Kristi Lafrenz was born with a congenital heart defect called Tetralogy of Fallot with pulmonary atresia. She had her first open heart surgery when she was just one week old. She had two more while in school and her last surgery in 2008. Now, this 43-year-old wife and mother is doing what she can to help others affected by congenital heart defects through Kristi’s Heart Hugs. Kristi says living with a broken heart has been challenging, but it has also given her permission to test her limits rather than fear them, something she’s working hard to help others with congenital heart defects do too. She shares more about her work and about Kristi’s Heart Hugs.
Tell us a little history of Kristi’s Heart Hugs.
After my last valve replacement surgery in 2008, I realized there was very little support for children and their families who are affected by congenital heart defects in the Bismarck-Mandan area. As an adult, I experienced firsthand what emotional and financial hardships these defects have on these children and their families. When I was in kindergarten, my teacher and my classmates sent me a life-size stuffed white bear. More than 30 years later, I still have that bear. When looking at that bear one night, I decided I needed to find a way to make sure every child could receive their own bear to hug at night when they were scared, just like I had so many nights before. After some thought, I created a Facebook support group called Kristi’s Heart Hugs. I linked it to the tagline, “congenital heart defects.” Within days, three families had requested to be members of my support group. While looking for a stuffed animal to send to these children, I found a small stuffed giraffe. Not only was this giraffe soft and adorable, it had a long neck; which allowed two things: first, it was small enough for their little hands to wrap their fingers around it to hold onto, and second, it had a long chest area which allowed me the space to handstitch their badge of courage, much like the one I wear on my chest. With each giraffe that I send, the parents receive a small heart journal so they can keep track of their child’s meds, surgeries, procedures, and every day experiences.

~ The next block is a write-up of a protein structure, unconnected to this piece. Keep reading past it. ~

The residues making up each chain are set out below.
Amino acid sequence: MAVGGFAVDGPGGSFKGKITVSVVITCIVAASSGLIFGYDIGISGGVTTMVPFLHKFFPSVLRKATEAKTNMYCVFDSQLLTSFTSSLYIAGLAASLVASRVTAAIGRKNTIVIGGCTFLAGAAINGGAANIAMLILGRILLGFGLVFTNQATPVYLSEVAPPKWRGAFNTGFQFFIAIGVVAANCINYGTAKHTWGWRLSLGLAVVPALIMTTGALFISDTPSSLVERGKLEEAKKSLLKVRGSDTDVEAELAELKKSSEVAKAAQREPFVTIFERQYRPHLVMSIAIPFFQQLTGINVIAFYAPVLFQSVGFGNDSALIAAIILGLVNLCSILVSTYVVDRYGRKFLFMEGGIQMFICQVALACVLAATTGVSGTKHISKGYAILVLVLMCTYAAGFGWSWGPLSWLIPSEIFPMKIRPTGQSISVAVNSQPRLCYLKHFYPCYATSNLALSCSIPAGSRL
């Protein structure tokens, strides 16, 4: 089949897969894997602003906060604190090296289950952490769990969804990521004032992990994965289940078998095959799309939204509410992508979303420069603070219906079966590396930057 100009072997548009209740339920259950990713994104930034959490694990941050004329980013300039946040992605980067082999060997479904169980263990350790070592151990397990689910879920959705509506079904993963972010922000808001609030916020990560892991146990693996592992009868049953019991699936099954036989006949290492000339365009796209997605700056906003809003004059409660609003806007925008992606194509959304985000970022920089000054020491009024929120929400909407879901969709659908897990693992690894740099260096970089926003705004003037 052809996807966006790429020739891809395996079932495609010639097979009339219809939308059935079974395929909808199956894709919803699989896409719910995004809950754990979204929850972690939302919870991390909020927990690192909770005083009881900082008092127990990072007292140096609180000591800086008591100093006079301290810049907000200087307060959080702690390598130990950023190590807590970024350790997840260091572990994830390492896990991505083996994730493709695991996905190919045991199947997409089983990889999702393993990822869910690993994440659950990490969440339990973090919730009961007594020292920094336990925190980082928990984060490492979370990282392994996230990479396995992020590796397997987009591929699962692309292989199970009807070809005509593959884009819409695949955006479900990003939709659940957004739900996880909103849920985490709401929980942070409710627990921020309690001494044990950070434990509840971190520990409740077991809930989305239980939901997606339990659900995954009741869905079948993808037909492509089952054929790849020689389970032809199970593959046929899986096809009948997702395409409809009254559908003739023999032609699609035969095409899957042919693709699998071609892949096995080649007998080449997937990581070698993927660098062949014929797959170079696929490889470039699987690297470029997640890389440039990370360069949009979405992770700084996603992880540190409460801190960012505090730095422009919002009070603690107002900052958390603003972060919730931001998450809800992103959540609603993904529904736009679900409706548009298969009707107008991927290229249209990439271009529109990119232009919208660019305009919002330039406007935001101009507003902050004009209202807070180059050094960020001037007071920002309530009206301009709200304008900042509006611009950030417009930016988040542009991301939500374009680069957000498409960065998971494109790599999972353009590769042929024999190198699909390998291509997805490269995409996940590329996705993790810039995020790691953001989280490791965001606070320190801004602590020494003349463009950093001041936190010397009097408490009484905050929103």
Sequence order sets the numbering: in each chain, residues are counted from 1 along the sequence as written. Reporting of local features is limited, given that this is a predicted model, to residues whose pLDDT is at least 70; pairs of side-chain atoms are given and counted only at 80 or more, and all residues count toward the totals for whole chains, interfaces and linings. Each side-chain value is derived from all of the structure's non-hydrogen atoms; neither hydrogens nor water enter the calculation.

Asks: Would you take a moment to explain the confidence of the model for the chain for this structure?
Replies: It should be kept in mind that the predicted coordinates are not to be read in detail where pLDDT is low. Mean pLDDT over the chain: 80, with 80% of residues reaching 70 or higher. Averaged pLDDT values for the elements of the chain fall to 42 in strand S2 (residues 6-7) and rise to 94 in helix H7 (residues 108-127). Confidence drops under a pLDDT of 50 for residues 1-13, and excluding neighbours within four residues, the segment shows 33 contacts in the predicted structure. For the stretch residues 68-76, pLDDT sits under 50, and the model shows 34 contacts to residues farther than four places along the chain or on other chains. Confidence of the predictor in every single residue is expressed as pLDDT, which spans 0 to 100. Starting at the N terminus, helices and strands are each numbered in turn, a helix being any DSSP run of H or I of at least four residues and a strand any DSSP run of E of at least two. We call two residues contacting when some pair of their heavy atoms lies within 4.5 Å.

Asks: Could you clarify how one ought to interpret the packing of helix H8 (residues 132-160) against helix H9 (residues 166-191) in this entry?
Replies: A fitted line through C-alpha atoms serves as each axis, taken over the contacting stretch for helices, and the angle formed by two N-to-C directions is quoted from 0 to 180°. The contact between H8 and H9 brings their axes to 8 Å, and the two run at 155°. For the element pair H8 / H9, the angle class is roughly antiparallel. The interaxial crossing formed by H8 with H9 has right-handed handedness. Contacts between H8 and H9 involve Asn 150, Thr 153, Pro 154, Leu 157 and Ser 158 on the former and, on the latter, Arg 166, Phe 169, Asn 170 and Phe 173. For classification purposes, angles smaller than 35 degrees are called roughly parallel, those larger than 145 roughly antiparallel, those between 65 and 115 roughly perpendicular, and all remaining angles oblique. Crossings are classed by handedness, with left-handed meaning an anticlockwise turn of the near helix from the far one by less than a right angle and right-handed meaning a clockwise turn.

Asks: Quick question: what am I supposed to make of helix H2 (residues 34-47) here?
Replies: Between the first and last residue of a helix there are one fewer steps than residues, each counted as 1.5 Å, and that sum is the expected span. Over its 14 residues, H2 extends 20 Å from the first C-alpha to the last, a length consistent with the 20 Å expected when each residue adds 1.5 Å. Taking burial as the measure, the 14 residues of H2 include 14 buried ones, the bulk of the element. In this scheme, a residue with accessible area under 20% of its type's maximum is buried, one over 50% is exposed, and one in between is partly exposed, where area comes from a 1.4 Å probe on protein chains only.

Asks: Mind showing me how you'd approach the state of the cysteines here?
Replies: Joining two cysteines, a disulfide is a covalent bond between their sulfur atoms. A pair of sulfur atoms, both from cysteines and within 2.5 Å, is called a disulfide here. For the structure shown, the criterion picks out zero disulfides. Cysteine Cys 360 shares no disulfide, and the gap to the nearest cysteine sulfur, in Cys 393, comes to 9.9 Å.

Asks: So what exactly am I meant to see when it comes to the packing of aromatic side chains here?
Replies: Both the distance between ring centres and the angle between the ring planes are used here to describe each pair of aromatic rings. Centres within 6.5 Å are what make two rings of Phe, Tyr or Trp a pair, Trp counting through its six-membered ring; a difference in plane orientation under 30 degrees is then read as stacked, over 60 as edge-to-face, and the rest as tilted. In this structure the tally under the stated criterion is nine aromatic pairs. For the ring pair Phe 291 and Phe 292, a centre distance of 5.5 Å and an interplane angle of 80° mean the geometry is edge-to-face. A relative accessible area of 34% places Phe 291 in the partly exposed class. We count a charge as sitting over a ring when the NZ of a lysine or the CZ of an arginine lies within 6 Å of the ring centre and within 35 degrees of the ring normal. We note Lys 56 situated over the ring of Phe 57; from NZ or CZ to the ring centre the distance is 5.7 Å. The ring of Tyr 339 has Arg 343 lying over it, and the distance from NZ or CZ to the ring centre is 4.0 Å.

I started a support group which meets the second Tuesday of each month at the Sanford Children’s Castle Clinic in Bismarck. By having this support group, not only do I want to provide some comfort to these children, I want to let the families know that we (CHD kids) will be okay and there is someone there for them. I want parents to know that a heart defect shouldn’t stop their child from having a normal life.
How are you different from other organizations like yours?
The mission and purpose of Kristi’s Heart Hugs is: to provide personal communication, encouragement, and assistance for children with congenital heart defects and their families. A common misconception for people with a heart defect is that once you have had a repair done, your illness is over and you go back to your normal life. However, that is not the case. I often hear people say, “Oh, you had surgery? I thought you were fixed.” Having a heart defect is a lifelong condition, and we have to follow up with a pediatric cardiologist for the rest of our lives.
My desire is to help every child I come in contact with, knowing that their heart defect cannot stop them from dreaming and reaching for every goal they have.
How can people donate or get involved?
Kristi’s Heart Hugs is now a 501(c)(3), and as an official nonprofit organization, I am able to accept donations, and I am able to assist families financially to help them with travel, hotel, and meals when they go to Minneapolis or Rochester for surgeries and appointments. If people would like to donate, they can do so by sending the donation to Kristi’s Heart Hugs, PO Box 7322, Bismarck, ND 58507-7322. You can donate via our website, kristishearthugs.org. If people would like to volunteer at our support group meetings, they can contact me via email: firstname.lastname@example.org.